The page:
However, i really try to avoid these situations by relying on hashes instead. In fact, i have been getting into the habit of using this style for just about everything i do in Perl. It's a derivative of how i code a sub:
    sub foo { # blah blah blah }
    Defining a hash:
    my %hash = ( foo => 'bar', baz => 'qux', );
    Defining an array with long elements:
    my @array = qw( foofoofoofoofoofoofoofoofoofoofoofoo barbarbarbarbarbarbarbarbarbarbarbar );
    A subroutine call:
    print checkbox_group( -name => 'words', -values => [qw(eenie meenie minie moe)], -defaults => [qw(eenie minie)], );
    The idea is to have each 'thing' on it's own line (with trailing commas where applicable), and line up the closing bracket or paren directly under what opened it.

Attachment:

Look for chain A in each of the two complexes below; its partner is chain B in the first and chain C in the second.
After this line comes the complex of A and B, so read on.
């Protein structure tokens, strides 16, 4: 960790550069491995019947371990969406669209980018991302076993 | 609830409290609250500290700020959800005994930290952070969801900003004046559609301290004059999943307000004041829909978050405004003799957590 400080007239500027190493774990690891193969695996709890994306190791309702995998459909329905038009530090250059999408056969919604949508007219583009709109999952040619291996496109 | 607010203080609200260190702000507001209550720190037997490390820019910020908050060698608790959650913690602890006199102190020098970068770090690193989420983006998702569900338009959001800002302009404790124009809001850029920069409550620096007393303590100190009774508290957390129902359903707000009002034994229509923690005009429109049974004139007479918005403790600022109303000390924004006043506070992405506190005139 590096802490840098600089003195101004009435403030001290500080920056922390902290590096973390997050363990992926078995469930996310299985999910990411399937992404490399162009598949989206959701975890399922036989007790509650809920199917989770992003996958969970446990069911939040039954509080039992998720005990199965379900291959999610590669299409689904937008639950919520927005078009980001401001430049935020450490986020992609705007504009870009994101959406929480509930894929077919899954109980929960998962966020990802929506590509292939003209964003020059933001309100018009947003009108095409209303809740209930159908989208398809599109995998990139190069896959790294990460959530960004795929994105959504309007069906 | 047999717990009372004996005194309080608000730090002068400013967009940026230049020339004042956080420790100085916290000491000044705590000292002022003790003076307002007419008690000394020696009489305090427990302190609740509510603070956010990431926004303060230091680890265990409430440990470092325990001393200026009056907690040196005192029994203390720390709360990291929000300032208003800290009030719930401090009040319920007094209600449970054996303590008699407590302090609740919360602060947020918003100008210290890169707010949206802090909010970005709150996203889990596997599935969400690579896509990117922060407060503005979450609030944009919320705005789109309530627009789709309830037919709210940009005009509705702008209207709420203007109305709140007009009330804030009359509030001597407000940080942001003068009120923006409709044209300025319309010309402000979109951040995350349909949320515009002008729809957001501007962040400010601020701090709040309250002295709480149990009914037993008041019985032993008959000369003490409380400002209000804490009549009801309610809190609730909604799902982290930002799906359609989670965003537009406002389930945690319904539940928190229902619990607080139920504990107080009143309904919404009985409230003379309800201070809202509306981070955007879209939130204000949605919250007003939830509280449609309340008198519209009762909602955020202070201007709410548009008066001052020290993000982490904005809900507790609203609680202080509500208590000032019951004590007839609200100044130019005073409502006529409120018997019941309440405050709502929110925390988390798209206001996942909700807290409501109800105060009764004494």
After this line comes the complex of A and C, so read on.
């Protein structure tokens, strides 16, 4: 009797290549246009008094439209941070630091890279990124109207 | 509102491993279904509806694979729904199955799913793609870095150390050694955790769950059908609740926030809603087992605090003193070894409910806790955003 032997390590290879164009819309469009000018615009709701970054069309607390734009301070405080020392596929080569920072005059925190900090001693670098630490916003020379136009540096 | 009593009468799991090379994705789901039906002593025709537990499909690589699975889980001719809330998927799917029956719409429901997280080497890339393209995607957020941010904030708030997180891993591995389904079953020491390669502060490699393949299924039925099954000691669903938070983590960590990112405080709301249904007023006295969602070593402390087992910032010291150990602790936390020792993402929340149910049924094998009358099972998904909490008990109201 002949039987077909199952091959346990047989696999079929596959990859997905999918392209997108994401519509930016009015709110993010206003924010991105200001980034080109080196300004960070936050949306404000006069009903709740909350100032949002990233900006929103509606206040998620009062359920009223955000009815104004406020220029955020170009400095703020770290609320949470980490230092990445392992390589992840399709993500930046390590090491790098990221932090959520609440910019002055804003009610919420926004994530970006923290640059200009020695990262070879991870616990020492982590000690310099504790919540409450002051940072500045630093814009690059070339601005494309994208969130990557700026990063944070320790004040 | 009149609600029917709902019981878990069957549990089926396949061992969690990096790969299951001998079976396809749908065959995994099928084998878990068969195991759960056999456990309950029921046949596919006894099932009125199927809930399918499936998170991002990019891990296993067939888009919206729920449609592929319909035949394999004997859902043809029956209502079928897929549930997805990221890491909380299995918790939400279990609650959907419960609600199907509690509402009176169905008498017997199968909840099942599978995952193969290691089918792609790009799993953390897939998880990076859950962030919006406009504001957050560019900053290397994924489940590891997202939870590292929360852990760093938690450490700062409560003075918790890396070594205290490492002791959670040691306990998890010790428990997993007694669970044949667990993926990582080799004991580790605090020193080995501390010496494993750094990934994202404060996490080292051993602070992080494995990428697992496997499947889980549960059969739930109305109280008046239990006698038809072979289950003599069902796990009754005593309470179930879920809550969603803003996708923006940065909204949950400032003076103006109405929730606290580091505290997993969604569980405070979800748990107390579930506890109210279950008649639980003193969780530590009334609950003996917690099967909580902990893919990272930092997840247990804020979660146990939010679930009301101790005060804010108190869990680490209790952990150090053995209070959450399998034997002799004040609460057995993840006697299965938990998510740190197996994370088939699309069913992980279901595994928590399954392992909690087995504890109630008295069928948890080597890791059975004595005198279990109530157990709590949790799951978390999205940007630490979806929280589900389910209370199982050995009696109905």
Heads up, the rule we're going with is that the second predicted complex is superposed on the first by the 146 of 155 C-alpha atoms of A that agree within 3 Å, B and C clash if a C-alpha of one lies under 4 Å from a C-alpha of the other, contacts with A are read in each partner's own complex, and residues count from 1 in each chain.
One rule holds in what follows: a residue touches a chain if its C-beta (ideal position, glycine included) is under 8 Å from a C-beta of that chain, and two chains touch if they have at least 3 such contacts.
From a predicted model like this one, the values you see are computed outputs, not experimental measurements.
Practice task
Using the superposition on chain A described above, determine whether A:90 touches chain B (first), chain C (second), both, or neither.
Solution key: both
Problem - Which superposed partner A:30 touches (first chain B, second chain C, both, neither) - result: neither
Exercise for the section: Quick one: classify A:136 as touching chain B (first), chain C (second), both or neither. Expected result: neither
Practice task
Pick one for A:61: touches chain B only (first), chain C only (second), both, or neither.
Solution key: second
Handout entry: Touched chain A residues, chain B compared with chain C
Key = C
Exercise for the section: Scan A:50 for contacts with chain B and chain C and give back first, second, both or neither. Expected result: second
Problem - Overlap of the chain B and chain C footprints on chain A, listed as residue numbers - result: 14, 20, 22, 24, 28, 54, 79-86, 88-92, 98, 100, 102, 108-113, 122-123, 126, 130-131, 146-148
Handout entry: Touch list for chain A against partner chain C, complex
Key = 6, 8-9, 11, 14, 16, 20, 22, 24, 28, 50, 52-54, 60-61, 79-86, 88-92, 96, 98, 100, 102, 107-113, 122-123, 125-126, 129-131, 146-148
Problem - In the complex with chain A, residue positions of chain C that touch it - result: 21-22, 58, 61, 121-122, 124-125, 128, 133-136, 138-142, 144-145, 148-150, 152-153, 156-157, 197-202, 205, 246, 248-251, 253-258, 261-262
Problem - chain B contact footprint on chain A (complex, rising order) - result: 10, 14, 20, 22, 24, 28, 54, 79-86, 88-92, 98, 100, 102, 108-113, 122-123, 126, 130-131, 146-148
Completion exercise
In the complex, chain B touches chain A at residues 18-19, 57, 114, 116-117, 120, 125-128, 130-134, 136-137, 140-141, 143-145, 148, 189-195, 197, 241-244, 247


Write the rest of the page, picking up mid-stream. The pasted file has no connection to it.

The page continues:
jeffa

    L-LL-L--L-LL-L--L-LL-L--
    -R--R-RR-R--R-RR-R--R-RR
    B--B--B--B--B--B--B--B--
    H---H---H---H---H---H---
    (the triplet paradiddle with high-hat)
    
      Same here. I regard parens and curly braces as pretty much the same thing. If the inner block is short, the whole thing goes on the same line. Otherwise, the opening (paren|curly) is at the end of the first line, the block inside it indented on the following lines, and finally the closing \1 follows outdented on the next line. I place closing and opening parens/curlies back to back on the same line, but do not cuddle else's.
      if( $very_long_expression_written_out_here && $another_long_expression_in_this_line && $yet_more_following_here ) { do_whatever(); } else { do_something_else(); }